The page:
From Scottish Otters to Indian Tigers – Two Superb Wildlife Exhibitions

Spring Fling teams up with Dumfries and Galloway Council to celebrate art and photography inspired by nature


Beautiful paintings, photographs, original prints and textiles from artists inspired by wildlife are about to go on show in two new exhibitions in Annan.

One called Springing Wild features work by eight visual artists and designers from across Dumfries and Galloway. Between them they have won many awards for their depictions of wildlife and nature – John Threlfall was named as Bird Artist of the Year 2007 while Margaret Walty has RSA gold medals for her botanical work.

Springing Wild has been organised to coincide with another remarkable wildlife exhibition in the same venue. Tiger, Tiger is about the work of Frederick Walter Champion who pioneered the use of tripwire photography to capture remarkable night-time images of animals in India. Both run from 1 April to 31 May at Annan Museum.

Among the animals photographed by FW Champion, who lived in the region, was the Langur Monkey – a creature that also captured the imagination of John Threlfall when he visited India. The Rockliffe based former ski instructor recently published Drawn to the Edge, an artist’s look at the wildlife and habitats of the UK coastline, which was chosen by The Guardian as one of the best nature books of 2013.

John said: “I am really looking forward to the exhibition. I share FW Champion’s love of tigers and other Indian wildlife. I have spent time in tiger reserves – these are animals with such an aura and presence about them, it is a powerful emotional experience to see one.

“Langur monkeys are also beautiful creatures. Like us they love to sit around in the sunshine. They have such expressive faces and whacky eyebrows – everything they do makes you smile.”

Springing Wild is one of a series of exhibitions across the region, and elsewhere in the UK, being organised by Spring Fling ahead of its annual visual art and craft open studios event which takes place from 24-26 May.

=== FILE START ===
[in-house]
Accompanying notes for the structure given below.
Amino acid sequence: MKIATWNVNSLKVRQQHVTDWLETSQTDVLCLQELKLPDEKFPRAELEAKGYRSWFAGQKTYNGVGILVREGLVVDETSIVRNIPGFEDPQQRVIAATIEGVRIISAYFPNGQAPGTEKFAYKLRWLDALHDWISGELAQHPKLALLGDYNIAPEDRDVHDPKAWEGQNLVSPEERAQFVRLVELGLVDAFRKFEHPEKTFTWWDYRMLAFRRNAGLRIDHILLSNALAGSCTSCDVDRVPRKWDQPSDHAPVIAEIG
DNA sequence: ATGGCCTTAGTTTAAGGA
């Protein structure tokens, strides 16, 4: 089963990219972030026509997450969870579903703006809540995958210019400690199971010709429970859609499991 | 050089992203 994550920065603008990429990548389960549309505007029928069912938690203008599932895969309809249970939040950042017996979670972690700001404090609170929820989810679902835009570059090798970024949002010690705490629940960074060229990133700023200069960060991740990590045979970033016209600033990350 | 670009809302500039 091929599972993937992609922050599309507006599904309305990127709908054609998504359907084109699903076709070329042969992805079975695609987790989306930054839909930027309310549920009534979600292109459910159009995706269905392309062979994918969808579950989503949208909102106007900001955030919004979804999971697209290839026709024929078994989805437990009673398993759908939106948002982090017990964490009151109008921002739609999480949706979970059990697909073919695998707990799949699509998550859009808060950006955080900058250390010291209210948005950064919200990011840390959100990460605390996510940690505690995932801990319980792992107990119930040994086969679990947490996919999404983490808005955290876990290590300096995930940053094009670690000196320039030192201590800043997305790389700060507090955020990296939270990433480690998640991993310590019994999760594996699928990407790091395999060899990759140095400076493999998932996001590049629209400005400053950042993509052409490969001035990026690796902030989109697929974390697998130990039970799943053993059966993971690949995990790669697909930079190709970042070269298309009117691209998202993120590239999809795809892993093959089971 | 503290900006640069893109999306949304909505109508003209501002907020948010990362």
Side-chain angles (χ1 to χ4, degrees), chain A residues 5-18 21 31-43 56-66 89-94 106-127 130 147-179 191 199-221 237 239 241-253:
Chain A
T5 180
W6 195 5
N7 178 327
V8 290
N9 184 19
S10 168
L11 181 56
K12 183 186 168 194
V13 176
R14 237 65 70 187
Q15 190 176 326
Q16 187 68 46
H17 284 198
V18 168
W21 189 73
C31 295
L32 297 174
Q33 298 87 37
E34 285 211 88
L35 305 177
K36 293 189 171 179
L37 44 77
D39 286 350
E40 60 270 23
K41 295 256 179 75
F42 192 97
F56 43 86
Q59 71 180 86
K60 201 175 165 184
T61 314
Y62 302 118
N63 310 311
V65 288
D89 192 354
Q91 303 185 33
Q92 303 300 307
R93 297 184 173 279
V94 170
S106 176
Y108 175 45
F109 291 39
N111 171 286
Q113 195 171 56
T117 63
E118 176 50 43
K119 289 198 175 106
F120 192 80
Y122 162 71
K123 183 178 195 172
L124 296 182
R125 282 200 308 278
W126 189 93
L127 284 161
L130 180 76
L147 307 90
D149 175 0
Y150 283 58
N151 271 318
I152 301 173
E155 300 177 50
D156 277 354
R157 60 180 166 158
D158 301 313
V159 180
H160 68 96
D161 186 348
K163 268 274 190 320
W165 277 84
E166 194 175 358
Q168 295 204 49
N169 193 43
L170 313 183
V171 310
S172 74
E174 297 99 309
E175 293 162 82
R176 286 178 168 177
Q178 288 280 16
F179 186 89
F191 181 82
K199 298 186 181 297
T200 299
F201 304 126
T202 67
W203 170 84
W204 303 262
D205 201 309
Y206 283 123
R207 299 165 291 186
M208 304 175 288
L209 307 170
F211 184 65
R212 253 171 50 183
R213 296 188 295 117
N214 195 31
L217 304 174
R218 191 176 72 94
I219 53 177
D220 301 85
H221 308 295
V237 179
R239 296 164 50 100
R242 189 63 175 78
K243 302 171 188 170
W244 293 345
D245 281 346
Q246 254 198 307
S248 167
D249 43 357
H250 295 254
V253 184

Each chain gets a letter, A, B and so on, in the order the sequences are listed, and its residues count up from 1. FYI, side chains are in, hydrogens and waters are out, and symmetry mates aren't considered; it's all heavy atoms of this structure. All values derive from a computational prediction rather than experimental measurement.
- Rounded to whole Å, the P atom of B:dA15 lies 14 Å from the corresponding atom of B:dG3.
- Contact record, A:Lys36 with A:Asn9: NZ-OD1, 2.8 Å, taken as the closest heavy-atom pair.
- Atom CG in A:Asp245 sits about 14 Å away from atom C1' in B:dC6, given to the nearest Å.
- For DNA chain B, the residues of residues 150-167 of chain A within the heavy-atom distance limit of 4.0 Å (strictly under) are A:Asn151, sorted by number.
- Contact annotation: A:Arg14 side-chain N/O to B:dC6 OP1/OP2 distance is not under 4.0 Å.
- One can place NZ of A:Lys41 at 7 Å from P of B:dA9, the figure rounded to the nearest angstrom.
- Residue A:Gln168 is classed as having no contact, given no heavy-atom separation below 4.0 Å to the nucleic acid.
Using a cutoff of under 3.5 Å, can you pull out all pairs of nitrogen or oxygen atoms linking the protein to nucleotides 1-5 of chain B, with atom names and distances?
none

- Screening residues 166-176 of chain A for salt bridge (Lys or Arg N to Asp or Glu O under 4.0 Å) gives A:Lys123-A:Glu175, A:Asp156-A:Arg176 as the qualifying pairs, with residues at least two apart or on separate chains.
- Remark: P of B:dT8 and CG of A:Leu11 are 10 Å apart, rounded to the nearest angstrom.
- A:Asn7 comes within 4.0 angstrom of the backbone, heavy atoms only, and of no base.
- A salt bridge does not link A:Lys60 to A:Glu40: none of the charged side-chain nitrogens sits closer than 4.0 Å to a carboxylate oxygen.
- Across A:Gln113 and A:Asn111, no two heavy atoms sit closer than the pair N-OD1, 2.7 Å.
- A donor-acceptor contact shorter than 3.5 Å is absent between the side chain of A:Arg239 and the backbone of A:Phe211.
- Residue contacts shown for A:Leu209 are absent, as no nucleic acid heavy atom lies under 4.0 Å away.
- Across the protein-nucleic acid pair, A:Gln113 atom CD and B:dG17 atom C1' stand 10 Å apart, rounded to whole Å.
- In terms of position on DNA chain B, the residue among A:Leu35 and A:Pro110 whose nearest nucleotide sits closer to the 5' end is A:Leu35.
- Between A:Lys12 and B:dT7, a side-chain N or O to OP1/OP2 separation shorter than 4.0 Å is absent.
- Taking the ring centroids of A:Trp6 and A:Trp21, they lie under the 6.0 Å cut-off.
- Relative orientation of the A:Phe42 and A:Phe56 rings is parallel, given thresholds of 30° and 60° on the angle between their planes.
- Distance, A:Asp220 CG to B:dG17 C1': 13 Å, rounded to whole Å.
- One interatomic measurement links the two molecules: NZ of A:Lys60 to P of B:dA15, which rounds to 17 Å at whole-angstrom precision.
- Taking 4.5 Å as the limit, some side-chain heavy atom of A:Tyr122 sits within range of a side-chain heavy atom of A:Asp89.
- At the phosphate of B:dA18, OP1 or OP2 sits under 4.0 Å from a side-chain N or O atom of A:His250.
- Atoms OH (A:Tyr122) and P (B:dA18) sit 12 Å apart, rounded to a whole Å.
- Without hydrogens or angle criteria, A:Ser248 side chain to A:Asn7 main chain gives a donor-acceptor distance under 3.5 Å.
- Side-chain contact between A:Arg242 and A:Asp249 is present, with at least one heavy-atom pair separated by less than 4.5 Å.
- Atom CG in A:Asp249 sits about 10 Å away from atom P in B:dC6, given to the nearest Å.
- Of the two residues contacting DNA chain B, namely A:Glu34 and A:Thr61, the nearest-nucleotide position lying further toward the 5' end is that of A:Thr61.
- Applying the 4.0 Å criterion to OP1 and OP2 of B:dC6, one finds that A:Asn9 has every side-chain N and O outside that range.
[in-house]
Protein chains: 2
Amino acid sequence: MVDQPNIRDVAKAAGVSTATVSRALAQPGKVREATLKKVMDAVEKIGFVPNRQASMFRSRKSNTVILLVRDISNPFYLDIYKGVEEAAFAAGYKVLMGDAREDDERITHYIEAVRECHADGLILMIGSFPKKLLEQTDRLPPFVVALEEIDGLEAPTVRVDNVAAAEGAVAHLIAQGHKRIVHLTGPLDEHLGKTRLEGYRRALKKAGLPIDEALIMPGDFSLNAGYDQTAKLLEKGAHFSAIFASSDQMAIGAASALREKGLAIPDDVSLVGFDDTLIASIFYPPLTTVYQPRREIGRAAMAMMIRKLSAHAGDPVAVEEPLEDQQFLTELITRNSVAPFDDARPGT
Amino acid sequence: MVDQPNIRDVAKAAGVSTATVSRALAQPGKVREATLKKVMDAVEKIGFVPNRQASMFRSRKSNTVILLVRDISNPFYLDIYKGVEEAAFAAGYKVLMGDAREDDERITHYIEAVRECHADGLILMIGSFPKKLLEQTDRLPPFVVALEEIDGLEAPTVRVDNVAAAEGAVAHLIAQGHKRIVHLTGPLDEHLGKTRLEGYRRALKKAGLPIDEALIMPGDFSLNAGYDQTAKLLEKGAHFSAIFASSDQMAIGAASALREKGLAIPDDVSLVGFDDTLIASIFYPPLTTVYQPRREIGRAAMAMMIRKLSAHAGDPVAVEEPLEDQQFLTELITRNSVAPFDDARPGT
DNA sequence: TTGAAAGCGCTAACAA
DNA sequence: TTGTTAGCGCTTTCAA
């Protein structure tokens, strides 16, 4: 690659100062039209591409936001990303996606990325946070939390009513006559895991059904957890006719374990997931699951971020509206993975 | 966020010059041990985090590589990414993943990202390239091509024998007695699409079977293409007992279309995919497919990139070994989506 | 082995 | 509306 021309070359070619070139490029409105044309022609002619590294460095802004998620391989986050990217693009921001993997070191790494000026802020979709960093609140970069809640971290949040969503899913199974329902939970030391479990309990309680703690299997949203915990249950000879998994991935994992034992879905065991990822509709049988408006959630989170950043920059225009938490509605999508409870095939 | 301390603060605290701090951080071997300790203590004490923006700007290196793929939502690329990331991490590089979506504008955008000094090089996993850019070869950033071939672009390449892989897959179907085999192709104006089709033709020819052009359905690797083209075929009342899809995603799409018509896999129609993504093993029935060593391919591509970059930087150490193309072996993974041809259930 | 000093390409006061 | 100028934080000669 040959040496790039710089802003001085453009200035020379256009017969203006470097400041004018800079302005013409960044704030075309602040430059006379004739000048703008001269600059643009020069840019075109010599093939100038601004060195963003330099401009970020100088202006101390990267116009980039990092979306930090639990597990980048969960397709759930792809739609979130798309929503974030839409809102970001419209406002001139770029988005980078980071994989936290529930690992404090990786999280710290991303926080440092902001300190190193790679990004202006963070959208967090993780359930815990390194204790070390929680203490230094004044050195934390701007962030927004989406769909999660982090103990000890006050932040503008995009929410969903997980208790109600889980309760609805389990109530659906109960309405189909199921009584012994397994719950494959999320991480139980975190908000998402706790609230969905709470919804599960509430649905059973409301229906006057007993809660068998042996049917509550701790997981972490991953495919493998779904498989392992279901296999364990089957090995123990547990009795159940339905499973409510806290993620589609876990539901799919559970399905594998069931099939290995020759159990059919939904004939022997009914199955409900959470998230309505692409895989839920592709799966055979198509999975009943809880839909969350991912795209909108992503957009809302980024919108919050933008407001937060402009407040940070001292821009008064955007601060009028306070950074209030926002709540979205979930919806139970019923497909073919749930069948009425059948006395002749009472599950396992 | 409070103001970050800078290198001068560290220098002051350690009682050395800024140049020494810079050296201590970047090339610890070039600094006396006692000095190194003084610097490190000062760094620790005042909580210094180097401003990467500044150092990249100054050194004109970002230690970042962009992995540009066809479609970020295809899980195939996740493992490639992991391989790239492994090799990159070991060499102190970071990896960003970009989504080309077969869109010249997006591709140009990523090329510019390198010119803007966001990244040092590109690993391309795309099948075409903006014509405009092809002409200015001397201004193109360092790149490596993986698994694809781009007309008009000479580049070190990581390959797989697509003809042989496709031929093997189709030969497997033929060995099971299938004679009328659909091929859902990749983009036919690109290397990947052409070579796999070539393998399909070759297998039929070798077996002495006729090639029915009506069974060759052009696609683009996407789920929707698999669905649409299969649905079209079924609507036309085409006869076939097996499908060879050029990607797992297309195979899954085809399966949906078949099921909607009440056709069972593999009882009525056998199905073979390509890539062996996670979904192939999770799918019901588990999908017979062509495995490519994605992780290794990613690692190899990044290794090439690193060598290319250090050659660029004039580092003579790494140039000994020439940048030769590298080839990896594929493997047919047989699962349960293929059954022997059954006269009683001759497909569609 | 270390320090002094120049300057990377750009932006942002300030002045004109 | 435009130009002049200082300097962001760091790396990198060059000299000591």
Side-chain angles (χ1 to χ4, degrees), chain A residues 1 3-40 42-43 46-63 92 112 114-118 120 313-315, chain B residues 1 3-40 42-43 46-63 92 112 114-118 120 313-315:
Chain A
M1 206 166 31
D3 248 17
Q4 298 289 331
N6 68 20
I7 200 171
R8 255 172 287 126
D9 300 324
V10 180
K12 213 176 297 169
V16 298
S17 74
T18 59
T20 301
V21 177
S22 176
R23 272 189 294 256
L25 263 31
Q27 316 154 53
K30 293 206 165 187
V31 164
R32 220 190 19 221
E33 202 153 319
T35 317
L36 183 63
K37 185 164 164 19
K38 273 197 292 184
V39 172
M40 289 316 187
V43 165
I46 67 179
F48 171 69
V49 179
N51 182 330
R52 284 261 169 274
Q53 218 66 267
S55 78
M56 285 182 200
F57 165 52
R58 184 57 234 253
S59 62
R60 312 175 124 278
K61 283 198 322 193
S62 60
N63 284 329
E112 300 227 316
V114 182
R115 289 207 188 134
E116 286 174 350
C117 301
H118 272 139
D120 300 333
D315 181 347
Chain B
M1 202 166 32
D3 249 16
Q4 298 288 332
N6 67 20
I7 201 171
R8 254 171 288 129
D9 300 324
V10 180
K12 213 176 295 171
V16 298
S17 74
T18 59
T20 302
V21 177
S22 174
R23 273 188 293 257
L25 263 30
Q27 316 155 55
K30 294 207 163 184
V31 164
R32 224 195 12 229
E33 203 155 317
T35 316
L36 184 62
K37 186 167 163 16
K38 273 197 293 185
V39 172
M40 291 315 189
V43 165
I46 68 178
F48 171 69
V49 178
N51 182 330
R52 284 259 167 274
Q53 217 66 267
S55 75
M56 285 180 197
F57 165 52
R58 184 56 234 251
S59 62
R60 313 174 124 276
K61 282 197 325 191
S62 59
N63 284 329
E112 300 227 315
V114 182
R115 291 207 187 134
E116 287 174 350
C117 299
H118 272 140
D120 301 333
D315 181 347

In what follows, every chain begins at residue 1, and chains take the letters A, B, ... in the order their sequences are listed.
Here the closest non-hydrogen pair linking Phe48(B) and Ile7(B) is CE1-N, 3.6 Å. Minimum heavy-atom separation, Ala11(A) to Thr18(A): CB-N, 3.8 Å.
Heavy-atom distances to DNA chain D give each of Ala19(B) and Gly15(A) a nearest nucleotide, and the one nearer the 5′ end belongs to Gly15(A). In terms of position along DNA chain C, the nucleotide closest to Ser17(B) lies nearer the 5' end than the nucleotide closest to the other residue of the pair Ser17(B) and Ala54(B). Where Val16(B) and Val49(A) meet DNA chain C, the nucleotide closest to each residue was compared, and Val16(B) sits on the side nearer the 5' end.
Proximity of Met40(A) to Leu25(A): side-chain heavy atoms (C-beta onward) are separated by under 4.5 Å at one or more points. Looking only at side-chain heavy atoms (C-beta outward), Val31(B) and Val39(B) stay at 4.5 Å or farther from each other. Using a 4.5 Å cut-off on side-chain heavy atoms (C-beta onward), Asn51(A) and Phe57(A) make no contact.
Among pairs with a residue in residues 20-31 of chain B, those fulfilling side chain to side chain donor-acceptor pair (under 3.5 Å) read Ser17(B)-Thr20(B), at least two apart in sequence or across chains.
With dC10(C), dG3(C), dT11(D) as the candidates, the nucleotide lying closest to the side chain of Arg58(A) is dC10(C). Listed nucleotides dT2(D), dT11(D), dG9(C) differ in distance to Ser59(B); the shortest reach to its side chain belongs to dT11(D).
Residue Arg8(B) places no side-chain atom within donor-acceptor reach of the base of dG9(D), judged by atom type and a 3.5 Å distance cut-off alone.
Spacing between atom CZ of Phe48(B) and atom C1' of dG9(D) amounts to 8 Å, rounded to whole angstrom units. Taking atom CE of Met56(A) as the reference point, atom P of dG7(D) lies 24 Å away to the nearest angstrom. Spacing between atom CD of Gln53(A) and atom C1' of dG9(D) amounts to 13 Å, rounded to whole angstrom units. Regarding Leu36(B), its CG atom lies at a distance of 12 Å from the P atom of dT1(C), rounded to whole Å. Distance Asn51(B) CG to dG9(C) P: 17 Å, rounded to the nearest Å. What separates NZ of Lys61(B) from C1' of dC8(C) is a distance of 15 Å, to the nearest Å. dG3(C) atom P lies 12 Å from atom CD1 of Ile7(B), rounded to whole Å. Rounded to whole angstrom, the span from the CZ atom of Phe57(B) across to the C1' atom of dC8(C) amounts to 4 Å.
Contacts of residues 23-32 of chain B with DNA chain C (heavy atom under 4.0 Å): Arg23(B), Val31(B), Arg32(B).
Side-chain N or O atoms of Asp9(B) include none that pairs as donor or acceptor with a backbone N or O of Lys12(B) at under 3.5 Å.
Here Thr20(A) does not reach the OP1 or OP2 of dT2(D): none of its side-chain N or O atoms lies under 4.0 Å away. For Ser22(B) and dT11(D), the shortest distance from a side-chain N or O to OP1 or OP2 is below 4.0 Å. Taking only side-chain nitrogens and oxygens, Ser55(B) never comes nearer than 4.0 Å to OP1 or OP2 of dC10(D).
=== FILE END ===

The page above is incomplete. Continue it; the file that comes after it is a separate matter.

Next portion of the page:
Springing Wild exhibitor Margaret Walty, from Langholm, tends to focus on the plants birds and animals around her and even took up gardening so she could grow wild flowers to use in her paintings.

She said: “Virtually all my work is inspired by the nature and wildlife around me, and I am very fortunate because Langholm has such lovely hills and woods around it. Having said that, one of the pictures I will be showing is of an otter which my husband and I saw when we sat down to have our packed lunch on a beach on Iona. He arrived on the rocks, sat there and ate his fish, then plopped back in the water.”

This love of Dumfries and Galloway’s countryside is also shared by Ailsa Black, from Carsethorn, who is well known for her whimsical paintings. She said: “I love watching the people and animals along the shoreline in front of my studio. I get a bird’s eye view and an endless source of inspiration. 

“I regularly see porpoises and otters, as well as boats and people walking their dogs.  From the back of the studio I look onto fields with cows and hills.”

According to Leah Black, Spring Fling Director, the idea for Springing Wild was developed after learning about the plans for Tiger, Tiger.

She said: “We wanted to hold an event in Annan and when we heard about Tiger, Tiger it seemed a great idea to work together and offer people two really interesting exhibitions.

“F W Champion’s tripwire photography was an amazing breakthrough, capturing the night-time lives of many animals for the first time. And next to that people will be able to see contemporary work by some superb visual artists and designers who are bringing their own insights into the natural world.”

FW Champion used camera traps and tripwires to produce photographs of Indian wildlife in the 1920s and 30s. Champion went against the fashion for shooting with rifles and took up the camera. The resulting work is stunning and evocative.

Night shots triggered by tripwires were, at the time, unique and his work has had a profound effect on many wildlife photographers and conservation supporters since.

Fred Champion retired to Cairnsmore on the edge of the Galloway Forest Park, where his family still live. His photographs were donated to the Natural History Museum in London. Tiger, Tiger celebrates his life’s work with a selection of his images and his original camera equipment.

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